UNC selective, but not unreachable

After eight years as chancellor at UNC Chapel Hill, James Moeser is getting ready to leave South Building, catch his breath and eventually return to campus as a music professor. Here are excerpts from a recent interview:

On how UNC Chapel Hill has changed:

“I heard somebody to say the other day Carolina got its swagger back. I don't like to say that because it suggests arrogance and this place is anything but arrogant.

“But when I came here in 2000 this place was reeling from the death of (former Chancellor) Michael Hooker. It was reeling from a lack of leadership. There were vacancies… Michael himself had his own, rather, how should we say, confrontational relationship with the faculty.

“I wouldn't quite characterize it as malaise, but there was a lack of confidence here. And I think, eight years later, there's a tremendous sense of confidence here and knowledge that this is one of the top universities in the country.

On not having N.C. roots:

“North Carolinians place a high premium on that – sometimes I think too much, by the way. I knew that, and I made a point that nobody was going to know more about the history of the place. I was never going to be ignorant of the history and culture of the university and the state. The culture of the place is unique.

“I'm convinced, however, that this university and every great institution needs a balance and infusion of new ideas. There's always a danger of academic incest and cultural incest, which ultimately leads to mediocrity.

“It's a very bad idea for universities to hire their own graduates. It ought to be the exception. You really need to bring people in from the outside. And, I think we've actually established a really good balance.”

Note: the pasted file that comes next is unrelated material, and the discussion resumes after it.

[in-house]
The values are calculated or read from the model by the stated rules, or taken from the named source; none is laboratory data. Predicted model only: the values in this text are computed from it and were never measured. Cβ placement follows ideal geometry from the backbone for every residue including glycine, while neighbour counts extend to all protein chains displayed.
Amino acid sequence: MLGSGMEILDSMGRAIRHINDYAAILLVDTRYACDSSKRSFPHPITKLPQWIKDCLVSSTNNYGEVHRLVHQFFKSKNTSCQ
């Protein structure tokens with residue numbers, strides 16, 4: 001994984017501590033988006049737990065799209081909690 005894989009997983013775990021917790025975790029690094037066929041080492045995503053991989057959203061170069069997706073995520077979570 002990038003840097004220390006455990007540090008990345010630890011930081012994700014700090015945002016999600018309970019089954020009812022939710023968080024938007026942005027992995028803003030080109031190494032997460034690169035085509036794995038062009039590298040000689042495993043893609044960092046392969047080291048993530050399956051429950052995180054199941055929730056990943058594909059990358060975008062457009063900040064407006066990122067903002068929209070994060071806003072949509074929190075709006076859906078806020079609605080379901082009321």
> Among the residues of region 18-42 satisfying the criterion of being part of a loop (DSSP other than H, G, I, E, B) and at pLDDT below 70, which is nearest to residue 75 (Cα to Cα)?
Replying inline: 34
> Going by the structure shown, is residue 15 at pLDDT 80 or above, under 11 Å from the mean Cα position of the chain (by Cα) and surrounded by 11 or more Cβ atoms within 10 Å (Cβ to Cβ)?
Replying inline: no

High and low points:

“I can't choose only one. The day I was installed, the grand celebration of the completion of the Carolina First campaign, the Final Four in St. Louis, that would be three. “Low point – Eve Carson's murder, and also 9-11.”

On the impact that Eve Carson, the student body president slain earlier this year, had on campus:

“It was quite unusual. I didn't realize until her death. I knew she was extraordinary, but I wasn't aware of all the things she was doing.”

On the lasting effect of the university's use in 2002 of a book about the Quran for its summer reading program:

“It established Chapel HIll as a citadel of academic freedom. We reaffirmed the purpose for why public education was created. We can confront our demons, whatever they may be.”

On the success of the Carolina Covenant, the 4-year-old scholarship program for low-income students:

“It's a compelling story. I think people see the virtue in it. It was intended to send a signal that while we are academically selective, we are not economically unreachable. Stay in school. Take a college prep course. There is a rainbow at the end if you work hard enough.”